What would you do if…..?

What would you do with one year left to live? Paul Kalanithi chose to write. The fruition of his choice is his first and only book: When Breath becomes Air.

The book is a memoir of his life journey from literature graduate to neurosurgeon, and from doctor to patient after a diagnosis of inoperable lung cancer. It has become an international bestseller since its publication after the author’s death, aged 37, in 2015.

I’d seen it around, the cover depicting the dove-blue gowned back of an operating surgeon. Then a patient in my Creative Writing Group at Maggie’s Cancer Care Centre waved her copy at me: ’Have you read this? It’s brilliant!’ she enthused, before warning me that the more medically-explicit surgical passages might not suit everyone’s stomach.

Drawn by her enthusiasm, the book’s title – derived from the Elizabethan poet Fulke Greville’s Caelica – and suitably primed, I opened its pages.

Inside was a book and a person who eluded categories. Kalinithi himself observes he was no neat fit, his sense of vocation an intertwining of art and science.

His quest for what gives life meaning led him to study literature at Stanford University, but then re-train as a neurosurgeon. He felt that ‘literature provided the best account of the life of the mind, while neuroscience laid down the most elegant rules of the brain.’  Kalinithi envisaged a career of two halves: twenty years as a brain surgeon followed by two decades as a writer. It was not to be.

The root of the word disaster, Kalinithi comments, comes from the splitting of stars. With his cancer diagnosis, life’s familiar constellations were shattered. He felt disorientated, unable to plot a path through the uncertainties of terminal illness towards its inevitable outcome.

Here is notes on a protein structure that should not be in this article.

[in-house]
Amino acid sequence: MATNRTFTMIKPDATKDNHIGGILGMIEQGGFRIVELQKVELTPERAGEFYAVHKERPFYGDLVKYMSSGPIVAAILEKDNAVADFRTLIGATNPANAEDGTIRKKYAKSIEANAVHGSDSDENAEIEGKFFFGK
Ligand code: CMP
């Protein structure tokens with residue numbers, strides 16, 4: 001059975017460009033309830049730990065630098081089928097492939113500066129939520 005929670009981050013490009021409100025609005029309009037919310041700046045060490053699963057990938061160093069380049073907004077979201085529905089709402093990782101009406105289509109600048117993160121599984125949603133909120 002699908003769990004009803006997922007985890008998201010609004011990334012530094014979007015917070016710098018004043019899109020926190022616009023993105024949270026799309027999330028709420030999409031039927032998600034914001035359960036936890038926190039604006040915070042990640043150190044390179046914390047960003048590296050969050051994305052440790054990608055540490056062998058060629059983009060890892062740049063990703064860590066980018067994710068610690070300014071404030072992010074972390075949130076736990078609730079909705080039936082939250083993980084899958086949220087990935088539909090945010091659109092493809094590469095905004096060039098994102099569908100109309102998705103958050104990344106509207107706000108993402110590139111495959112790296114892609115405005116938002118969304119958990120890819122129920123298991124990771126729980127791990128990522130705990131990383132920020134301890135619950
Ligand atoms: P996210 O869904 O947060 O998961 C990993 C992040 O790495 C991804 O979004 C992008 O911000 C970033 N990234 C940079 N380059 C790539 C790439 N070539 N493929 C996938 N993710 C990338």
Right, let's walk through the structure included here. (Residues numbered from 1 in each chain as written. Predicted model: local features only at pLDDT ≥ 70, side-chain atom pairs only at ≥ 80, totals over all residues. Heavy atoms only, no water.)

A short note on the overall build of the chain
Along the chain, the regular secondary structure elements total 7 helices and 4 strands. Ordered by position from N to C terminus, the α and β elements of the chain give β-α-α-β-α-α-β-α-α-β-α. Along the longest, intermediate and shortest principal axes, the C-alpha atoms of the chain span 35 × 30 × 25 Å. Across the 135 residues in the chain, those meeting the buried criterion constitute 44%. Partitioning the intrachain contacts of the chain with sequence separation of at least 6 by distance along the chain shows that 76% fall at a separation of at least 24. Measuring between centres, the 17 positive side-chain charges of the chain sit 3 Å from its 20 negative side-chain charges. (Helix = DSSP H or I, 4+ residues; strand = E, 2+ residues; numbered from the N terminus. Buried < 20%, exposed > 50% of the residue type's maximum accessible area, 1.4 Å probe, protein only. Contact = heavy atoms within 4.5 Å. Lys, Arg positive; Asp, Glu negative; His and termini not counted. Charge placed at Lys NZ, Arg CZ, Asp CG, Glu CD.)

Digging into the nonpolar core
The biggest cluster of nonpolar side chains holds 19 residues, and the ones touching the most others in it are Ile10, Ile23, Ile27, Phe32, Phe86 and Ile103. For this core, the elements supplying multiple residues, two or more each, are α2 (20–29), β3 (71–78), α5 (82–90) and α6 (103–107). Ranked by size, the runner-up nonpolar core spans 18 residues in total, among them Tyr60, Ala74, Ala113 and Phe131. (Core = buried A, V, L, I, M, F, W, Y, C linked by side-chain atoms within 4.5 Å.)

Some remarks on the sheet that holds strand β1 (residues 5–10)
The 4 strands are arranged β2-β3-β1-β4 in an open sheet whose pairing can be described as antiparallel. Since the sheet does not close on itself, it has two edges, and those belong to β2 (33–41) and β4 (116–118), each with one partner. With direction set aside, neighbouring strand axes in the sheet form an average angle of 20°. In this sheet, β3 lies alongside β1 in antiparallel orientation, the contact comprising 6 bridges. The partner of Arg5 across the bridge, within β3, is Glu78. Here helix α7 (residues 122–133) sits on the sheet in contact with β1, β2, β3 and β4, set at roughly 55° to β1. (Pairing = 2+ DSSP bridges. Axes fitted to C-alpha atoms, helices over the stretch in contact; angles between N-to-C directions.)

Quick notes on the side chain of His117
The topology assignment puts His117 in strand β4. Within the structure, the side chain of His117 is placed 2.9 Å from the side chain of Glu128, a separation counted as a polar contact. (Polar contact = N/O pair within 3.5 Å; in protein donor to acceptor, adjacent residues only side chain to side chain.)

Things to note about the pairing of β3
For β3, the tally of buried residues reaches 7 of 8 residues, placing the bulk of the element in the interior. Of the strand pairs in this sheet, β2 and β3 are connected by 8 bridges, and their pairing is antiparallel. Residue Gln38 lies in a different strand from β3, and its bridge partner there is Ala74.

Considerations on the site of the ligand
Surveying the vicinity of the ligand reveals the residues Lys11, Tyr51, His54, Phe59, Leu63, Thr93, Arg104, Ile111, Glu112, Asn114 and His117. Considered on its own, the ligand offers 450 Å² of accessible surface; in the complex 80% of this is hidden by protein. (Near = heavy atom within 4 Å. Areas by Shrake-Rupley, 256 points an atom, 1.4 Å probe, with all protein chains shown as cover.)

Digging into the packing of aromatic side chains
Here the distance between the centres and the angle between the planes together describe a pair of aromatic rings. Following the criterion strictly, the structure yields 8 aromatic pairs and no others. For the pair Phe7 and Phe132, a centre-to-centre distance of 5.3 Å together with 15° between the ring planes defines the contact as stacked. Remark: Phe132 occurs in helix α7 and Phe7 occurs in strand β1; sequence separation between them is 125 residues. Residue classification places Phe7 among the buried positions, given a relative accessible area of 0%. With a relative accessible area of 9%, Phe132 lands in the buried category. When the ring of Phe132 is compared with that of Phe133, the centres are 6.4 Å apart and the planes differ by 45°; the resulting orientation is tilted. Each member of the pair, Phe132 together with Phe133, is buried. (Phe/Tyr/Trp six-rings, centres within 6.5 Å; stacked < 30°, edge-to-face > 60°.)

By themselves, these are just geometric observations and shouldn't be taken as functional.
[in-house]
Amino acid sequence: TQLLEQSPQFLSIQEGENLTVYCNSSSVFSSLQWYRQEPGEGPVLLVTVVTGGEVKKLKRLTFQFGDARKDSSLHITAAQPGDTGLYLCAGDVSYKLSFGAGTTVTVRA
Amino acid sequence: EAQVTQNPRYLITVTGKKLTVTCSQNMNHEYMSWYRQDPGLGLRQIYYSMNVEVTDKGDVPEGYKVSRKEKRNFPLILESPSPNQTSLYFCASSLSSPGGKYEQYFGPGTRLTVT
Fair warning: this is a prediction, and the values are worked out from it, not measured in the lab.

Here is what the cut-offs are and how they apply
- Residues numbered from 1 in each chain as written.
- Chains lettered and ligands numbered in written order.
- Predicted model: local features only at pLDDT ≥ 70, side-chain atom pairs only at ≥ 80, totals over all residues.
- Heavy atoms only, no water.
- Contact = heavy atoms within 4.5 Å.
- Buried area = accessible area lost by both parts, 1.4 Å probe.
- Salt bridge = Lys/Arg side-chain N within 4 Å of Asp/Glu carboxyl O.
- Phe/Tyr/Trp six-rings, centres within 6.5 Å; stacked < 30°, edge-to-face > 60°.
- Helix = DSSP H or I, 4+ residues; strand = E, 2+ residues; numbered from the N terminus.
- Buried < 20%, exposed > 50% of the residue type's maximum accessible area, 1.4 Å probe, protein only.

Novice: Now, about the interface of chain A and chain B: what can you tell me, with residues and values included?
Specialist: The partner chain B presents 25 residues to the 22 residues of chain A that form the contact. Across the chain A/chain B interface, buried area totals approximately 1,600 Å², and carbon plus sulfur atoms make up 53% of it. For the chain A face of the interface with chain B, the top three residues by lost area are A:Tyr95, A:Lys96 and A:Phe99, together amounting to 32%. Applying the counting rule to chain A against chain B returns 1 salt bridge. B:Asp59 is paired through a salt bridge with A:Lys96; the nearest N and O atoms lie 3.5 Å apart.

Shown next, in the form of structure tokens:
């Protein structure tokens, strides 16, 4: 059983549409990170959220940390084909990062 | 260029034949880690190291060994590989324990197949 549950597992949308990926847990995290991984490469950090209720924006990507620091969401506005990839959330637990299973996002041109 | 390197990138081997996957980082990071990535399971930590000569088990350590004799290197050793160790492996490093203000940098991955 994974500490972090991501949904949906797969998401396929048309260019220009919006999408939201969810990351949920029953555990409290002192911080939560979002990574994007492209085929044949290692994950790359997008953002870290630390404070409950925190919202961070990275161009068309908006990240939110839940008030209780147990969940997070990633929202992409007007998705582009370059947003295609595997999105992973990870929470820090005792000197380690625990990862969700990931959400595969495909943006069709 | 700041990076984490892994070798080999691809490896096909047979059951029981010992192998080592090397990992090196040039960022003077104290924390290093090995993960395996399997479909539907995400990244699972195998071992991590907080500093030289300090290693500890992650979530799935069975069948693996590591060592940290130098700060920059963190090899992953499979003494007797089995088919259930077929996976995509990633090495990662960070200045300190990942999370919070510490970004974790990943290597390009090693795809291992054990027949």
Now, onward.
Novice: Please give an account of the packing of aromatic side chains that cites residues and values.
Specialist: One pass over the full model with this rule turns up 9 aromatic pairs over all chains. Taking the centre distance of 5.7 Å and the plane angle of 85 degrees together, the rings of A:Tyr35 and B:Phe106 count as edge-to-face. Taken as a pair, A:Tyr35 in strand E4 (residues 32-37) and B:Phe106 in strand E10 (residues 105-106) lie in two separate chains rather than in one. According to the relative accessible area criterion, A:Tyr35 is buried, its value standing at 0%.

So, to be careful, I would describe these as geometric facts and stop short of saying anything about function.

And yet he has to find a way. His approach is to express his feelings alongside an unflinchingly honest gaze at the facts of what he faces. This delicate dance between heart and head served him well as a neurosurgeon. There he learned that in order to operate on a patient’s brain, he needed to understand their mind: their sense of identity, values and what made their life worth living.

Now he has to embrace the shift of identity that life-changing diagnosis brings, becoming a patient and discovering first-hand the pain and vulnerability on the other side of the Consultant’s desk.

Now he learns that living with terminal illness means a constant re-examining and re-adjusting of values. He faces the difficulty of making plans without knowing what time he has left: ‘Tell me three months, I’d spend time with family. Tell me one year, I’d write a book. Give me ten years, I’d get back to treating diseases.’

He contemplates survival-rates, realising his relationship with statistics has changed now he is one. But here, too, he applies the creative balance he once applied to his patients: In any prognosis, be accurate, but leave some room for hope.

He maintains the spaces of hope in his own life, living, rather than dying, with cancer. In his final year, Kalinithi became a father of a baby girl, and also birthed the book itself – its last poignant chapter completed by his wife Lucy after his death. Her tribute to their relationship is that ‘one trick to managing a terminal illness is to be deeply in love – to be vulnerable, kind, generous and grateful.’

The writing of When Breath Becomes Air  itself is quite an achievement: informative, a lucid balance between clinical elegance and emotional authenticity, a reflective testimony to human resilience.

For those experiencing, or close to, those with a terminal illness, it offers the encouragement of a fellow-traveller. For all of us, though, this book invites us to reflect. As Kalinithi notes, he always knew that he was going to die; the challenge came in the timing and upending of plans.

The book’s Prologue urges the reader to listen to its author and then, ‘In the silence between his words, listen to what you have to say back.’

What would you do if you had one year left to live? Two years? Ten years?

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    Julia
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